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     Creating a herb garden                             

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Why not create your own herb garden. And carry on a tradition that has been passed on from generation to generation since the dawn of time? Herbs are some of the easiest plants to grow, and if you are a novice to gardening, they teach you a lot.
 Where to site your herb garden?

The sunniest part of your garden. Perhaps near the place where you like to sit in the summer, or a sunny border, which gets sun for most of the day.  Herbs like an open, sunny but sheltered site, with neutral to alkaline soil, with good drainage. Most of the common herbs like lavender, thyme, rosemary, sage, winter savoury and marjoram are native to the Mediterranean, so they like similar conditions to those they originated in.

If you have clay soil, the best thing to do is roughly digging over the soil in autumn, and leave the clods to be broken down by frost over the winter.  This works by the rough soil being exposed to the wet weather, and soaked by water, and when the frosts come, the clods expand, and break down.  My garden is heavy clay soil, and it really does work that way!   Then in early spring - and this goes for sandy, chalky or silt soil as well - dig through plenty of organic matter, such as well-rotted garden or mushroom compost. This will provide the free-draining and fertile bed your herbs will love.  You will not need to feed or fertilize your herbs, as they will then produce lots of soft, lush growth, but no flavour, or aroma, and no resistance to frost.

 Planning
The planning for your herb garden is only limited by the size of your plot, and your imagination.  What would you like to grow?  And how big will it get??
When you buy herbs in pots from a garden centre, on the label it will tell you how tall, and wide your plant will get.  Often, packets of seeds will give you the same information.  When planning your garden, you will need to take into account the eventual size of your plants.  For instance, if you are planning an island border in your lawn, the tallest herbs go in the centre, and the lower-growing ones on the outside.  For example, angelica grows to over 6 feet, so you would not like to have it near the front of your border.  For a garden in an established border, the tallest plants go to the back near the fence, and the lower ones in the front.
 Varieties
The selection of different varieties of herbs is enough to make your head spin!  For instance, there are more than 40 varieties of thyme, from the silver leafed T. Silver Posie, to the golden   and green leafed T. Bertram Anderson.  Purple sage, Tricolour sage…. the list is endless.  You don't need all varieties of one herb, but with a minimum of effort, you can end up with a fragrant, beautiful part of your garden, with colours ranging from cream to glossy green, to silver, and all shades of pink to deep purple.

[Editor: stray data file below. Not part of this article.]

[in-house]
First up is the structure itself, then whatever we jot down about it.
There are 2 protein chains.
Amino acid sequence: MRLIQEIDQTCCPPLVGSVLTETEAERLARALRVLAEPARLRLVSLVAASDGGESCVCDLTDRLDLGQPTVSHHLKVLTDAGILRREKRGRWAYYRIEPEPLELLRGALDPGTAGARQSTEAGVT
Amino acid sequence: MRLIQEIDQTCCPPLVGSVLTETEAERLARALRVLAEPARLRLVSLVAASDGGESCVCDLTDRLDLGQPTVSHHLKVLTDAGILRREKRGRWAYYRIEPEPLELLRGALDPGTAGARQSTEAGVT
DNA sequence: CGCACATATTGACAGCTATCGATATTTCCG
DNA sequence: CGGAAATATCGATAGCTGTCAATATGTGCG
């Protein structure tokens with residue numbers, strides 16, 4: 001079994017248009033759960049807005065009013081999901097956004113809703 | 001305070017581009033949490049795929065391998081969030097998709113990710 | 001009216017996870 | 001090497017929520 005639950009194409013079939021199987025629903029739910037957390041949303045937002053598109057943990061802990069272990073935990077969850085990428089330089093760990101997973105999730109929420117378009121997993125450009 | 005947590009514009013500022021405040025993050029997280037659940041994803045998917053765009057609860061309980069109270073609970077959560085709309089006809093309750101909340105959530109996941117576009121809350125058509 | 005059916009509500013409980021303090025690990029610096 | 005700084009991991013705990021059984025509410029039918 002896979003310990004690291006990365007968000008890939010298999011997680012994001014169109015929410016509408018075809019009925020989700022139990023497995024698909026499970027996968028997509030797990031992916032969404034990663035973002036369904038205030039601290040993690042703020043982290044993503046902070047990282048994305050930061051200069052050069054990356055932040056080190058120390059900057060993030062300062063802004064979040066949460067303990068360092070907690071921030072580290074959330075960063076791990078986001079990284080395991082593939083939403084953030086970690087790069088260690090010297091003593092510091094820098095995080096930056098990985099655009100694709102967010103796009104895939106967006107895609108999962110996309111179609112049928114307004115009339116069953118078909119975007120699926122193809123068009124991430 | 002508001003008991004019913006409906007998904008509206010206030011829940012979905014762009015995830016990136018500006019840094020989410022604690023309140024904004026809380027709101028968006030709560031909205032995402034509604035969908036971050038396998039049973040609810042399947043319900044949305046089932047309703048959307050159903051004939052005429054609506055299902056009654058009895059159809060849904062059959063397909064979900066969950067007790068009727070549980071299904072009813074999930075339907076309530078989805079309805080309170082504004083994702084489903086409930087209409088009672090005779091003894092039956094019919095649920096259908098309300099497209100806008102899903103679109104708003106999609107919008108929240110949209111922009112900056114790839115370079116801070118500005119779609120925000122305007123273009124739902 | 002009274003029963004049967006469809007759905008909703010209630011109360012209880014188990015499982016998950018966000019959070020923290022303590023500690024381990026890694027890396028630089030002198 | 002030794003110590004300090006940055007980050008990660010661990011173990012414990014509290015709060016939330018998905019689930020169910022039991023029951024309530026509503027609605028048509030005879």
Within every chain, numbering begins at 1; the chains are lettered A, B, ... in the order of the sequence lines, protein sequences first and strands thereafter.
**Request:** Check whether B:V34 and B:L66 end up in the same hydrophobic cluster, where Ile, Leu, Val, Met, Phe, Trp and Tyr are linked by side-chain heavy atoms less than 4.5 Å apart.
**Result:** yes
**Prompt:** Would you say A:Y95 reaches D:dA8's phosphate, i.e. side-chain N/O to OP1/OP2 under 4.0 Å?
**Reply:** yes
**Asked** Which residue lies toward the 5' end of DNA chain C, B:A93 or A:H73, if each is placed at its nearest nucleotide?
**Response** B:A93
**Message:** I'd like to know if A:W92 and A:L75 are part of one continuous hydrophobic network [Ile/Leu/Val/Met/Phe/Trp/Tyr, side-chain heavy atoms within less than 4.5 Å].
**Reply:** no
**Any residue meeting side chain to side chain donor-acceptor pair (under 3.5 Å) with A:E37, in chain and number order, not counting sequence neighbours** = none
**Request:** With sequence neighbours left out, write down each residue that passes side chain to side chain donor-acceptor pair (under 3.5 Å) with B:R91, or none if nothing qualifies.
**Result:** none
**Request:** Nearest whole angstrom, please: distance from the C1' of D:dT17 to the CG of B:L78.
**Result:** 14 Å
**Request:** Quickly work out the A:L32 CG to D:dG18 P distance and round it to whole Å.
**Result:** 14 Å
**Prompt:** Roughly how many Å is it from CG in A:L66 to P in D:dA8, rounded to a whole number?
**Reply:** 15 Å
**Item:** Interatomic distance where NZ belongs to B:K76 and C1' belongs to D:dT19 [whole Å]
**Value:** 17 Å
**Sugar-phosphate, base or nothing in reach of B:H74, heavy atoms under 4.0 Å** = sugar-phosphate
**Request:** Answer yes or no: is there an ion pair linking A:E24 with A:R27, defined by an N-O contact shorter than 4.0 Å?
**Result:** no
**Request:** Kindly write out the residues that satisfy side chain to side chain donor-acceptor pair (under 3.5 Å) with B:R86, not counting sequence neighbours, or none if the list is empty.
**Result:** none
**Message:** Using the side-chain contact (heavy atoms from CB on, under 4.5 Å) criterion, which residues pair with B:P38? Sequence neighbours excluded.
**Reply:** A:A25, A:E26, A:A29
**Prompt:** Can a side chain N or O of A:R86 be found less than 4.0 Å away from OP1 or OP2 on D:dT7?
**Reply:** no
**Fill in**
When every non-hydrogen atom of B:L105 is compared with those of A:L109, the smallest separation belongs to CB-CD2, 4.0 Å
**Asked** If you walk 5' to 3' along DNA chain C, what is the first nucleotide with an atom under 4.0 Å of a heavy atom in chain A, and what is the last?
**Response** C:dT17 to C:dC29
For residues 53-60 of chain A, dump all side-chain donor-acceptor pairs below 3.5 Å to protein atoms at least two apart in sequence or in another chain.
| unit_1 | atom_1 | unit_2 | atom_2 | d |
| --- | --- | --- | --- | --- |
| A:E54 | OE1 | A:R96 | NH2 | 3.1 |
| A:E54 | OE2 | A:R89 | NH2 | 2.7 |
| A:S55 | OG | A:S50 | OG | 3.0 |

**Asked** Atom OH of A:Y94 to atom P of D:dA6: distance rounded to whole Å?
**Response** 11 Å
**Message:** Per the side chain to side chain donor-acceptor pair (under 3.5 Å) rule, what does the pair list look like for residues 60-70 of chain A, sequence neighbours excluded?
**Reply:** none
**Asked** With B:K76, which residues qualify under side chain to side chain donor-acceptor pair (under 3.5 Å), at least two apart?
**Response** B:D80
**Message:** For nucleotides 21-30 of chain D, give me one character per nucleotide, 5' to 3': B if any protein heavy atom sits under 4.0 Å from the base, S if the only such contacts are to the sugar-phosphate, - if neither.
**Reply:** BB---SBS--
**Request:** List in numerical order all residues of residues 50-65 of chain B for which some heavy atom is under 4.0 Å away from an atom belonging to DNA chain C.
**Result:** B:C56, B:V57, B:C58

Herbs in containers
If your space is limited, herbs do wonderfully well in containers.  Use good multi-purpose compost, and make sure the containers have good drainage.  You must make sure the containers are kept well watered, as they tend to dry out a lot quicker than if they are planted in the ground.  A wooden barrel planted with parsley, trailing thyme, chives, sage, basil, coriander, tarragon, and with French lavender planted in the center looks very effective, and on a balcony or patio outside your back door is very handy for access to your herbs on rainy days! You could even put a selection of herbs in a hanging basket.  Parsley, chives, thyme, coriander, with creeping rosemary, and basil will all be suitable.  However, some herbs are invasive, so you must be careful what you put in your containers, as they can take over.  For instance, mint is very invasive, and is best kept out of the garden, and put in a container of it's own.  
 Herbs in a Hanging basket
Perhaps in its own hanging basket.  It throws out growth from its roots, and you may find a patch of mint making an appearance in your lawn!  If you want to put mint in your garden, set it in a pot in the ground, or a large bucket with the bottom taken off.  In my experience, it is a lot easier to give mint its own pot, and then you have no worries about a surprise patch of mint suddenly appearing amongst the busy lizzies in the next border!  And they won't like that at all…. they like all the attention to themselves!!!

A selection of different sized pots, planted with herbs looks lovely grouped together.  Lavender in the largest pot, marjoram or oregano in the second pot, mint in the third, and trailing thyme in the smallest.  Matching pots, or pots painted in colours to compliment their occupants looks very cool.  Strawberry pots planted with lavender or chives on the top, and other herbs peeking out of the holes are also very effective, and handy for small spaces, or for quick access near your kitchen door.

Using your herbs>>              History & uses of herbs>>

 

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